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On 16/08/2011 0.07, Axel Kittenberger wrote:

Language differences go deeper than superficial syntax like this. It
are the subtleties that make or break a language (undefined vs. nil,
paramter lists, etc.). I like the idea doing some "preprocessors" to
change the superficials to fit ones needs.

A good thing if programs are intended for very limited circulation (one developer's custom scripts/tools; a very small dev group), otherwise (IMHO) it brings some relevant documentation burden if it is to be done realiably (or code exchange will get messy and you'll end up exchanging code bugs with people communication bugs - which are nastier, IMO).


Local or global default also raised tons of discussions. I tend with
one conclusion: I don't see why there should be anything default. What
are few characters vs. hours of fun endless debugging? Anyways this
"if the name already exists uses global otherwise local, is very
unfortunate as soon the project grows over the few demolines of
impressing expressiveness all the languages have to feature on their

From a general programming POV, I agree heartily: I really wouldn't mind typing also a "global" keyword in front of the very few globals I use normally.

The problem is with Lua-based DSLs, which are IMO a fantastic tool. With a "global" declaration enforcement rule, they'll become a pain.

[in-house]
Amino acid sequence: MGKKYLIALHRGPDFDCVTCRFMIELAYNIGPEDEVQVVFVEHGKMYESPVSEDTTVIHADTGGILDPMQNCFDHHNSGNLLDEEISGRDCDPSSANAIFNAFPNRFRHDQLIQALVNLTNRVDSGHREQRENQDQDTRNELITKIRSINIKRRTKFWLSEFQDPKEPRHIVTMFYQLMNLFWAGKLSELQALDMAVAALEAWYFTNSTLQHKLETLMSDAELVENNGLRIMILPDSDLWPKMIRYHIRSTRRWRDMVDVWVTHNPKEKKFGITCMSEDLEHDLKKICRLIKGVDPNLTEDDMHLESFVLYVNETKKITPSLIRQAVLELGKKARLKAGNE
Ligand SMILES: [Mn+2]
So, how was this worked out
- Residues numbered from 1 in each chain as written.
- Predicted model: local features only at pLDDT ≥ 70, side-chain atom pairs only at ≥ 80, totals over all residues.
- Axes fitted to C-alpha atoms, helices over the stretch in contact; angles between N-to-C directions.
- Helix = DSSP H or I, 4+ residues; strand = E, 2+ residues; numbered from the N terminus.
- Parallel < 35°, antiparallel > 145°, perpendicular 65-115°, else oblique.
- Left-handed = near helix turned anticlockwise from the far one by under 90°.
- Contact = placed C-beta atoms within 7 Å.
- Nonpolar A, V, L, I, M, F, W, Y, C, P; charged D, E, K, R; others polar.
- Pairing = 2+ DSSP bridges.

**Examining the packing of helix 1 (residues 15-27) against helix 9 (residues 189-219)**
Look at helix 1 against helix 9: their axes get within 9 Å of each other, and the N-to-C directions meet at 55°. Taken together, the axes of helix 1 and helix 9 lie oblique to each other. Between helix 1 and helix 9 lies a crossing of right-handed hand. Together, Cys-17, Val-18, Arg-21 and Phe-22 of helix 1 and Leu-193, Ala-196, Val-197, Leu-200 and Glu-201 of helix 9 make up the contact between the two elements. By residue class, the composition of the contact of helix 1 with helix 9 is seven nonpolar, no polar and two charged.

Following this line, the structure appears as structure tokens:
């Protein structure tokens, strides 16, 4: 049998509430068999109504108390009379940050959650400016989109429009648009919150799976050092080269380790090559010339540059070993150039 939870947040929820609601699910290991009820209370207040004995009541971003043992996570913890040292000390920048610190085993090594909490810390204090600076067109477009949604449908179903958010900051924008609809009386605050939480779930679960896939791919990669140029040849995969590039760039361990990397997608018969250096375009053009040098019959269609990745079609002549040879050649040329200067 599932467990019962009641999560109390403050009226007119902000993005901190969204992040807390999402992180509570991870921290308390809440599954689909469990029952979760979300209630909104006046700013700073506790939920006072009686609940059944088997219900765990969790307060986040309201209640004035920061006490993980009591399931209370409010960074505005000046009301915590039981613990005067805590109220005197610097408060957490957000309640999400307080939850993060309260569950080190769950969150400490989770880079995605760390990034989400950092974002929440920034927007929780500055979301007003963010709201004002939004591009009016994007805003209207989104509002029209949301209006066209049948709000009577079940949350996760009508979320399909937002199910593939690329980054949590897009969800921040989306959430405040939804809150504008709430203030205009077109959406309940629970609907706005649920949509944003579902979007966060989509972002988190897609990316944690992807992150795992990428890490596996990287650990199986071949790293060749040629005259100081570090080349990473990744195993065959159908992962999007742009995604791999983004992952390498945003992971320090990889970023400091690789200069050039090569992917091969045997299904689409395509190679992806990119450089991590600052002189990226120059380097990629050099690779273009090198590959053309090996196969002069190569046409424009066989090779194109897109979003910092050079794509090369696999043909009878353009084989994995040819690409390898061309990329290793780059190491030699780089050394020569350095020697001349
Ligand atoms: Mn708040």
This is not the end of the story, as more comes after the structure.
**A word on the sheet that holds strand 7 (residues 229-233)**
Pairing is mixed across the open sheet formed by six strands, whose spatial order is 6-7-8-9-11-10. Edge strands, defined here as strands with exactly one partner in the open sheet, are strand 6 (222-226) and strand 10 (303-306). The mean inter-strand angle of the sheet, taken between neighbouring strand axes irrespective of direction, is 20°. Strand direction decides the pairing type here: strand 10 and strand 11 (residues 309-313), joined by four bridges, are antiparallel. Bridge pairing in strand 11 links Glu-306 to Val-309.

This is a place where some customization/parametrization of the compilation process would come handy. For example, it would be nice to being able to say to the loadfile/loadstring function to raise an error whenever an undeclared identifier is used:

-- for "true programs"
local options = { signal_undeclared_globals = true }
loadfile( "myprog", options )

-- for DSL (current default)
local options = { signal_undeclared_globals = false }
loadfile( "myprog", options )

then also a "default compiler options" setting function:

setoption("signal_undeclared_globals", true)

so that any subsequent load/loadfile/loadstring could use that settings.

In this way the default Lua program could also be made stricter, by enforcing "global" declarations without hampering the ability of creating DSL files.